In a will contest alleging undue influence how do courts interpret the term "active procurement?"


(a) Presumption of Undue Influence

In undue influence cases, there is a presumption that undue influence occurred if the proponent of a will or other document (it could be a deed or a check) had a confidential relationship with the author of the document and actively procured the document.  You can still prevail on an undue influence claim without a presumption of undue influence, but only if prove that a defendant actively influenced the document author to the point that it was really the defendant that was acting and not your loved one.  It is much harder to prove your claim if you do not have the benefit of the presumption because what a defendant does is usually done when only the defendant and the document author were present.  Further, to validly assert the legal doctrine of undue influence, the contestant must focus more upon the weak mental orientation of the testator than the motives of beneficiary.  See In re Estate of McClenahen, 476 So. 2d 1289 (Fla. 2d DCA 1985).

 

(b) Active Procurement

When a confidential relationship exists between the beneficiary and the testator, a presumption of undue influence may arise if it can be shown that the beneficiary actively procured the will. The leading case in this respect is In re Estate of Carpenter, 253 So. 2d 697 (Fla. 1971) .


The Carpenter case defined active procurement as follows:

"Several criteria to be considered in determining active procurement emerge from a study of these cases: (a) presence of the beneficiary at the execution of the will; (b) presence of the beneficiary on those occasions when the testator expressed a desire to make a will; (c) recommendation by the beneficiary of an attorney to draw the will; (d) knowledge of the contents of the will by the beneficiary prior to execution; (e) giving of instructions on preparation of the will by the beneficiary to the attorney drawing the will; (f) securing of witnesses to the will by the beneficiary; and (g) safekeeping of the will by the beneficiary subsequent to execution.  We recognize that each case involving active procurement must be decided with reference to its particular facts. Therefore, the criteria we have set out cannot be considered exclusive; and we may expect supplementation by other relevant considerations appearing in subsequent cases. Moreover, we do not determine that contestants should be required to prove all the listed criteria to show active procurement. We assume that in the future, as in the past, it will be the rare case in which all the criteria will be present. We have troubled to set them out primarily in the hope that they will aid trial judges in looking for those warning signals pointing to active procurement of a will by beneficiary."   See Carpenter at 702.


Other examples of active procurement can be found in In re Estate of Smith 212 So.2d 74, 76 (Fla. 4th DCA 1968): 

We are concerned with the proper construction to be put on the phrase "active in procuring the will" so as to raise the presumption of undue influence.


In re Peters' Estate, 1945, 155 Fla. 453, 20 So.2d 487, was a case in which the principal beneficiary was a physician and a long-time friend of a 77-year-old widow. Her physical strength was reduced in keeping with her years but her mentality was not shown to have declined. The only connection which the physician had with the procuring of the will was in being present  on the occasions when the testatrix expressed her desire to make a will and when she gave here attorney instructions on making the will. The court stated that the law should require a more active or definite participation than this in order to raise the presumption.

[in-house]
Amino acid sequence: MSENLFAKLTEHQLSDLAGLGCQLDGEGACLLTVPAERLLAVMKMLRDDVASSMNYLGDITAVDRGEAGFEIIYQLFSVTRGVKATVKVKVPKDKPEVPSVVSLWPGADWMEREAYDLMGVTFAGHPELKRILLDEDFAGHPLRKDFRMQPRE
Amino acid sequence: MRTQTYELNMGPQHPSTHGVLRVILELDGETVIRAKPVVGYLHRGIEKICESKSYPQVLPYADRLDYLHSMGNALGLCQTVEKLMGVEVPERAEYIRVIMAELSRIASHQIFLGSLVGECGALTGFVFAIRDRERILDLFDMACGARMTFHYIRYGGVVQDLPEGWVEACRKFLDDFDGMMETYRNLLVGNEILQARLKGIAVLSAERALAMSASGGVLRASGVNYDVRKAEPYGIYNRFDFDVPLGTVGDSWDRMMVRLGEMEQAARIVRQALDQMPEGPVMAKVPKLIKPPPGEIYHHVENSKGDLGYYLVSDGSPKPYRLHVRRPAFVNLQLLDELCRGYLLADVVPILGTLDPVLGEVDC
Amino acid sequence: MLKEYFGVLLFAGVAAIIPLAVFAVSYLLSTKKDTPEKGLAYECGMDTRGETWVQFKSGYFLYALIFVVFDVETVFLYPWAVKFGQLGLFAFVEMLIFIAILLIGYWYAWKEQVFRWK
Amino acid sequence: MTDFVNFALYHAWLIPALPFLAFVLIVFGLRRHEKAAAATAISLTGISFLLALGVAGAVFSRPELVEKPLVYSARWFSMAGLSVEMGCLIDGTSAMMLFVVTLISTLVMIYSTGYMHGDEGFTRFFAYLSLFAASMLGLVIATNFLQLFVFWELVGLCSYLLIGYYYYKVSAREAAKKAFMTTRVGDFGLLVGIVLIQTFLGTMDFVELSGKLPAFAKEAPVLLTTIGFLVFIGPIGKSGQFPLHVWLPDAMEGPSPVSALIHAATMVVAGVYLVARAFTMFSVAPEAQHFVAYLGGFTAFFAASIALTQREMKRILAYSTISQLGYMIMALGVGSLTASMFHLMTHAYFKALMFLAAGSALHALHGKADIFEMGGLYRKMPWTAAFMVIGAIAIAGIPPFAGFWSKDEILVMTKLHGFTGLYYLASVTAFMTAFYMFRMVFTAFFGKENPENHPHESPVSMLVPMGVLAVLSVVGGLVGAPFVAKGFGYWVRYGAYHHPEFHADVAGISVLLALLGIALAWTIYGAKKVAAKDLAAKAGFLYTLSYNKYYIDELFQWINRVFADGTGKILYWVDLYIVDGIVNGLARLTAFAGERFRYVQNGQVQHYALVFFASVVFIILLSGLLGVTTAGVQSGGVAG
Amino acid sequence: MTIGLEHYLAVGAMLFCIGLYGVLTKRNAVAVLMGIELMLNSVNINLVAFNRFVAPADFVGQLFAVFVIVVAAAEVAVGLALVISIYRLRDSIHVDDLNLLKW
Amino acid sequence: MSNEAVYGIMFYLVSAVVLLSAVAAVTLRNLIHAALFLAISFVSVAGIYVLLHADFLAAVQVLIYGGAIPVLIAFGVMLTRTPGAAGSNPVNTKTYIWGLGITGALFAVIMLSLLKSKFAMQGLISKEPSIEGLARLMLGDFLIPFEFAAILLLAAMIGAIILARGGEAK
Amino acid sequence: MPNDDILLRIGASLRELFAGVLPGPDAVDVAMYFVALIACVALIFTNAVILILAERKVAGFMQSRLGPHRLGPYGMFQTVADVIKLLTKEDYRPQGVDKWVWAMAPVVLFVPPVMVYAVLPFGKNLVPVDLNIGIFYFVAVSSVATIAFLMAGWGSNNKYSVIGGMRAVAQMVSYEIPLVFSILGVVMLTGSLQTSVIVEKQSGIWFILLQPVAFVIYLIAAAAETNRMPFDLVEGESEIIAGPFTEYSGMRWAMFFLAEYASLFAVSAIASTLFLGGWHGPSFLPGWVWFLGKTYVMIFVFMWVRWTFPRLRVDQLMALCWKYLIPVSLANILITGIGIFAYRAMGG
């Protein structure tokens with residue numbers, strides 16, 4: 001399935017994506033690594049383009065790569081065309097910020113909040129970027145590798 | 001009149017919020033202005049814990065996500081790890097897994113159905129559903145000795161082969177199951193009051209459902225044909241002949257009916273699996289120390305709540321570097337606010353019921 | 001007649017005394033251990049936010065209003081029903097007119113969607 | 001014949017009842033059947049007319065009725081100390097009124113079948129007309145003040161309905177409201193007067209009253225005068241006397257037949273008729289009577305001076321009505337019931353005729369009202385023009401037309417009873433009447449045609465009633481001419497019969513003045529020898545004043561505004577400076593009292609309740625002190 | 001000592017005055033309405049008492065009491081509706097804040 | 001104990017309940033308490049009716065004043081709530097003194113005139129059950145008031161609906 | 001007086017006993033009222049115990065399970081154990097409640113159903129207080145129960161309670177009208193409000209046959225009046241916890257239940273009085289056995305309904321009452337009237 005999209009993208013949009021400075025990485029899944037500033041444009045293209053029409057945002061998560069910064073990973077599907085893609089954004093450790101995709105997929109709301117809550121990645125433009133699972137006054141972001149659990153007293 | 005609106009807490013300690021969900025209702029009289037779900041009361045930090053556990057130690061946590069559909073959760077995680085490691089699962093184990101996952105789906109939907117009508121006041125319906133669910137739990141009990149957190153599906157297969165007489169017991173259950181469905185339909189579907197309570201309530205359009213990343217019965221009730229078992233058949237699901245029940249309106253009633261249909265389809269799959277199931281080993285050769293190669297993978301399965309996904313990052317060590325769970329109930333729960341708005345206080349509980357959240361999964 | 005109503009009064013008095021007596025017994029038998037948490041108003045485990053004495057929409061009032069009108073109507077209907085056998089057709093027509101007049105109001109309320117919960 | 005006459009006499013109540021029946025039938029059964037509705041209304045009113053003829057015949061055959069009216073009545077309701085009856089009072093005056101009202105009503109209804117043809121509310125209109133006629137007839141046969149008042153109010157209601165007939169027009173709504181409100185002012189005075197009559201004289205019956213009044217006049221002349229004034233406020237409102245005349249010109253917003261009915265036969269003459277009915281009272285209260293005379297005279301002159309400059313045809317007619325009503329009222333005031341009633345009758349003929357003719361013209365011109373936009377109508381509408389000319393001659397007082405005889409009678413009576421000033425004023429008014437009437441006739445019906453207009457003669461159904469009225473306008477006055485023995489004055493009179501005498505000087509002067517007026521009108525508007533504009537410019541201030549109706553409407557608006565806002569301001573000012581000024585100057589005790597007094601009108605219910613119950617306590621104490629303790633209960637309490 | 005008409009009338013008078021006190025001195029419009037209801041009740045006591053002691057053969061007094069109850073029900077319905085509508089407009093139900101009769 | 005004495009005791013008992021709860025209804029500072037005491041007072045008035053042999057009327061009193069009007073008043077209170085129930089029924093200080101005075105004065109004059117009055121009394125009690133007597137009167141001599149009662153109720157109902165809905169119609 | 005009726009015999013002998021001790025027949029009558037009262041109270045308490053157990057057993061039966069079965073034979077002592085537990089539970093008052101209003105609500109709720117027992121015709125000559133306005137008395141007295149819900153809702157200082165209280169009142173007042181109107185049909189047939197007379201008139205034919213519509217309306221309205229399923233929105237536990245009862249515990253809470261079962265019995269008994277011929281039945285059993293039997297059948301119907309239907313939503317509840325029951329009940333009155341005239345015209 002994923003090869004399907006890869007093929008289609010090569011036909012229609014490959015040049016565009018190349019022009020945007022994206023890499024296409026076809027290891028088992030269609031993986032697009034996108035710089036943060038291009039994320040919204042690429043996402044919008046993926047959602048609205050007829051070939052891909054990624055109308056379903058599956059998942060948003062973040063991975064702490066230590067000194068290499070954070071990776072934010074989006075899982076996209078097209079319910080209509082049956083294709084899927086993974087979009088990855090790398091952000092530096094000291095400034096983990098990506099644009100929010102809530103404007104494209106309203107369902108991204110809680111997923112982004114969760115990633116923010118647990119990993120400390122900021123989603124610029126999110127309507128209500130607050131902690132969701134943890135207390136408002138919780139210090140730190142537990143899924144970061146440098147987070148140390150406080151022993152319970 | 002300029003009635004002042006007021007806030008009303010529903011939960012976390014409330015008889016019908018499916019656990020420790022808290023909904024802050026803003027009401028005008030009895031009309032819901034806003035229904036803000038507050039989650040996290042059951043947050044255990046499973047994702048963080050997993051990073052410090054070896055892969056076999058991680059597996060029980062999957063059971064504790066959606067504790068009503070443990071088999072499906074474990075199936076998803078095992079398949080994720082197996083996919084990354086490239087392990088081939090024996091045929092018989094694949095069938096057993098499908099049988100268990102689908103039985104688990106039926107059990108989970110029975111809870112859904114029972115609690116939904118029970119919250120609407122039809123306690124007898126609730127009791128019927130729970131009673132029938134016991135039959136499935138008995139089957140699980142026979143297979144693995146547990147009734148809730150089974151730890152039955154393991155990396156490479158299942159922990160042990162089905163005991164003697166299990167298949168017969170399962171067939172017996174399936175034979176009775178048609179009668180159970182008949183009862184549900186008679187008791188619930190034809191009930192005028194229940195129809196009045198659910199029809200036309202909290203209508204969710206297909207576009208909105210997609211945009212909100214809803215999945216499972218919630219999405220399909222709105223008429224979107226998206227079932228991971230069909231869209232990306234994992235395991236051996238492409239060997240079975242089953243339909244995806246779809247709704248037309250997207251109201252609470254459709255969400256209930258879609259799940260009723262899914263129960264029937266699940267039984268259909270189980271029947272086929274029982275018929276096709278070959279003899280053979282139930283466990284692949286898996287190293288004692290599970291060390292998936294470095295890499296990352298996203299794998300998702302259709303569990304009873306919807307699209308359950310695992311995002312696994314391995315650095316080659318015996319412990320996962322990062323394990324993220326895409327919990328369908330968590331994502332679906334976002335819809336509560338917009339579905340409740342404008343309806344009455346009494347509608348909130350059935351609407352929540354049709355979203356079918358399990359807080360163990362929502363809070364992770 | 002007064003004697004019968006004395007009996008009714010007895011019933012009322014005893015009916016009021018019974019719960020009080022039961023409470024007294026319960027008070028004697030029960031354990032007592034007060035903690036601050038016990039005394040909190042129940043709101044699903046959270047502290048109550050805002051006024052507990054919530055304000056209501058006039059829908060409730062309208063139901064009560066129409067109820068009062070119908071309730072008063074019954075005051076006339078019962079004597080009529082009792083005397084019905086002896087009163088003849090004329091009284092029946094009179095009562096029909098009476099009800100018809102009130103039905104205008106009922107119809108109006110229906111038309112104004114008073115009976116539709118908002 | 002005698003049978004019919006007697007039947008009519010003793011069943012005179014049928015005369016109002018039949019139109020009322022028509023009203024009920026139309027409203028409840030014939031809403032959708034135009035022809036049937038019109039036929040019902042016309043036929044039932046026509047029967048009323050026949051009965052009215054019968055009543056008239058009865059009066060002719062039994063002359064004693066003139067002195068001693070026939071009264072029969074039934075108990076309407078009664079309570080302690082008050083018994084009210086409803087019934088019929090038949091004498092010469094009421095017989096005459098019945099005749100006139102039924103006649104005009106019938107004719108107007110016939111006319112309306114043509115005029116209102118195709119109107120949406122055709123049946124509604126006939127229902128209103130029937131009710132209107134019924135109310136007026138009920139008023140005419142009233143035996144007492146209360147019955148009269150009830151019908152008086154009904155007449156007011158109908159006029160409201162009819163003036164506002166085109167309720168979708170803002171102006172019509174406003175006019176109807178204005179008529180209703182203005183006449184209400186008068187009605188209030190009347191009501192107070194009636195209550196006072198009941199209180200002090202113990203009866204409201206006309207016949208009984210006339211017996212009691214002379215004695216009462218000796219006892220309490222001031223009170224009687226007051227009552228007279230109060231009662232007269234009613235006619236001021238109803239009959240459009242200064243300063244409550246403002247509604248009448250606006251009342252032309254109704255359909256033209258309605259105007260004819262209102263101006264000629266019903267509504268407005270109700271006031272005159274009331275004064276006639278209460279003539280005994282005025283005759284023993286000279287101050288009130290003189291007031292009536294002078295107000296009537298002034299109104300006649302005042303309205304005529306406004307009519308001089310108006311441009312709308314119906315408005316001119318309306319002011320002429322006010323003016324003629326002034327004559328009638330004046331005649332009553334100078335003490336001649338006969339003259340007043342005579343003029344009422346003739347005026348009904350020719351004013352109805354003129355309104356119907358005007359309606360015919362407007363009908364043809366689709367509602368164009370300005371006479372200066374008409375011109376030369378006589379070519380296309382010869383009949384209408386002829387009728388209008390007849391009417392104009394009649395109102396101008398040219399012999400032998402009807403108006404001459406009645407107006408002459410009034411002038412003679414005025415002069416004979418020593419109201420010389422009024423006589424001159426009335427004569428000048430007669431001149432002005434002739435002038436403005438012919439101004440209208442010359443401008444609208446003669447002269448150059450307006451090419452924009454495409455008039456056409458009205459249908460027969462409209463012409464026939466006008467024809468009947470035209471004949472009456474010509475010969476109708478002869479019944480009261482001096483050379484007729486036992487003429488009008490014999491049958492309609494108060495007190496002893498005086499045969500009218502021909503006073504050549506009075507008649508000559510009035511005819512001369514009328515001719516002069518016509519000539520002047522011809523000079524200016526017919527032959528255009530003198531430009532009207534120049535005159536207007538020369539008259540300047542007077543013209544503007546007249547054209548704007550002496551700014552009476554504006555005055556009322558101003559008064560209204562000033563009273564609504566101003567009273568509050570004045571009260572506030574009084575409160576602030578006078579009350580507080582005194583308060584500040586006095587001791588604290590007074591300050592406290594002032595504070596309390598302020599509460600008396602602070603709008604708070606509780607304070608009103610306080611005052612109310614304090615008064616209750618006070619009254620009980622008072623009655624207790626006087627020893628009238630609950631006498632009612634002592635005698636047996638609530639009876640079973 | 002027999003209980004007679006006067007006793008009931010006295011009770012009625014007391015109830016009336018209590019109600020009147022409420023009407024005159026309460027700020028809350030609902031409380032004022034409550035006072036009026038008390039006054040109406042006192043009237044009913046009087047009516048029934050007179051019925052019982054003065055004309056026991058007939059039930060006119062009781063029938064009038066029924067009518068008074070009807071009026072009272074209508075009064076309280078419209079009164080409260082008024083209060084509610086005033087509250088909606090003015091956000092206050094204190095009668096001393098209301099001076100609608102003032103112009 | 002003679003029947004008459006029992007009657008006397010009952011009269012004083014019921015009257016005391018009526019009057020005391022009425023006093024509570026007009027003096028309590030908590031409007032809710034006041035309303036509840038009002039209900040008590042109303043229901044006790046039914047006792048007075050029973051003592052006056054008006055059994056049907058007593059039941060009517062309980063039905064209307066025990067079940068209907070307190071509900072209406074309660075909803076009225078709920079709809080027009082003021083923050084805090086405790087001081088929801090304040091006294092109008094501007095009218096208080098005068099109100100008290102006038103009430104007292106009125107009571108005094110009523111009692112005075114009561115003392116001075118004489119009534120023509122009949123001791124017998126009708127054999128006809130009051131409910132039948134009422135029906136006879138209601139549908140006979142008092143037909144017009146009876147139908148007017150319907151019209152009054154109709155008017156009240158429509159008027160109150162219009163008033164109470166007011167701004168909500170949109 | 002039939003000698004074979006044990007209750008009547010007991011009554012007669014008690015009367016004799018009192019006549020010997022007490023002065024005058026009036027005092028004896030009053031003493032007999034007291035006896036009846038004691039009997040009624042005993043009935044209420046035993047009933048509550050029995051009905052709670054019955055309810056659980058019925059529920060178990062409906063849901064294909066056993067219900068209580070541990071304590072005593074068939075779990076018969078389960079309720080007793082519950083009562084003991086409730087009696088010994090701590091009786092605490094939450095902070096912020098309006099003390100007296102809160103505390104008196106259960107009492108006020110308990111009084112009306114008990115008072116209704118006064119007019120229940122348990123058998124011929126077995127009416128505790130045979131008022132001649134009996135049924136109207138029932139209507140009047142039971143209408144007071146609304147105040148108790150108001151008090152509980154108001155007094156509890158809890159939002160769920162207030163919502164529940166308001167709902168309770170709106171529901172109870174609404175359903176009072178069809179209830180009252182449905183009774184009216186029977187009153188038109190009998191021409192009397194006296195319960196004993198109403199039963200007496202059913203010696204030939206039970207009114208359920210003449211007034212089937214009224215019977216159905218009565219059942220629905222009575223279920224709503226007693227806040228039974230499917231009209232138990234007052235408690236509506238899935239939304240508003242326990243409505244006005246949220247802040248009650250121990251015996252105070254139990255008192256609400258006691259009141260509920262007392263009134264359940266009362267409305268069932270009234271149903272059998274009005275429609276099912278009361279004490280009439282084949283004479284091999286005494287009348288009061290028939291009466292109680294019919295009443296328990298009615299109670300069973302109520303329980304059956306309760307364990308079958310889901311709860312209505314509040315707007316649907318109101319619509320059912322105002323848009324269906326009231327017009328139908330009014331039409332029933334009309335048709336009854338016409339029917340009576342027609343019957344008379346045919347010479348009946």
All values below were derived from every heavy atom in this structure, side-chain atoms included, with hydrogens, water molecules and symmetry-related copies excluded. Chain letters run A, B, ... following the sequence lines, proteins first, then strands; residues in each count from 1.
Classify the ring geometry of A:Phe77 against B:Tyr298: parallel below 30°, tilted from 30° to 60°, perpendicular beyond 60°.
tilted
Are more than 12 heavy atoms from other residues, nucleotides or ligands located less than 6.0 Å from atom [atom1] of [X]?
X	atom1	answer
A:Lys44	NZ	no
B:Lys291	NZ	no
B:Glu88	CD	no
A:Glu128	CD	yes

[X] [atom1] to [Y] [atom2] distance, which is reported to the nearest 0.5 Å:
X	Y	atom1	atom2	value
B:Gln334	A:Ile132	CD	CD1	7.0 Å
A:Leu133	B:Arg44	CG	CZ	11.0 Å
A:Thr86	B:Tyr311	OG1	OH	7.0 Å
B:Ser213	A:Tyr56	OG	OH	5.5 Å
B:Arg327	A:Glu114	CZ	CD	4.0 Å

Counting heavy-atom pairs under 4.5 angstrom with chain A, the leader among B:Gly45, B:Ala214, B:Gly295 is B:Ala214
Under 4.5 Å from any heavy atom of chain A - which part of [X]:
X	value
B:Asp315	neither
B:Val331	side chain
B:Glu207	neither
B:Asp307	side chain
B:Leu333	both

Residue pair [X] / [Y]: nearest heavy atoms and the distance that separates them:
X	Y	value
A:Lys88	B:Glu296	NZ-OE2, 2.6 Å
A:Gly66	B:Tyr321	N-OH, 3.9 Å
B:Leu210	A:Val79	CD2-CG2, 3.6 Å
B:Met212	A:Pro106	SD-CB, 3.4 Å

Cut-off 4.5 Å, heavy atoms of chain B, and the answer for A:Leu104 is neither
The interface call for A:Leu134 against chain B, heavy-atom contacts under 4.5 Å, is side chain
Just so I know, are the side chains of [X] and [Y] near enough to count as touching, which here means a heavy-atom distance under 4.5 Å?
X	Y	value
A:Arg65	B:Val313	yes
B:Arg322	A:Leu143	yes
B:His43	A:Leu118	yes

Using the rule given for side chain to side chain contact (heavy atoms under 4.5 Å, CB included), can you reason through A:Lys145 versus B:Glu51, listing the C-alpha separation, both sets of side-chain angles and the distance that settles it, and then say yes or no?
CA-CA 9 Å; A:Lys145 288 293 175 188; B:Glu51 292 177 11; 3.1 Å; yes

In Sturm v. Gibson, Fla.App.1966, 185 So.2d 732, the beneficiary had been a ranch foreman for the testatrix and had occupied the same dwelling house with the deceased for some time prior to her death. His activity consisted of recommending the attorney who drew the will and driving the testatrix to the lawyer's office, but he was not present when the will was executed nor did he know its contents until the death of the testatrix. The court held that this activity was not active procurement of the execution of the will.


In re Knight's Estate, Fla.App.1959, 108 So.2d 629, involved the testator's wife and brother as the principal beneficiaries. Before the testator went to the hospital he informed the brother of his wishes as to the contents of his proposed will, after which the brother consulted a firm of attorneys, gave them the instructions for the preparation of the will, received the draft thereof and kept it in his possession until it was presented to the testator at the hospital. The brother assisted in procuring the formal witnesses to the will, was present when it was executed, received it from the testator and kept it in his possession until it was presented for probate. The court held that this was active procurement of the execution of the will sufficient to raise the presumption of undue influence.



In re Estate of MacPhee, Fla.App.1966, 187 So.2d 679, concerned a testatrix who was 88 years of age when she executed her will five days prior to her death. The principal beneficiary, Rast, held her power of attorney and was her business adviser. Some of these transactions were between the testatrix and Rast, most of which were to the personal benefit of Rast. Mr. Rast carried to the attorneys information as to what the will was to contain, brought the will to Mrs. MacPhee for execution, and secured the necessary witnesses. The court held that this was an active procurement of the will.

Contact Florida Bar Board Certified wills, trusts and estates expert Matthew A. Linde today at 239.939.7100 or 844.357.0572 for more information!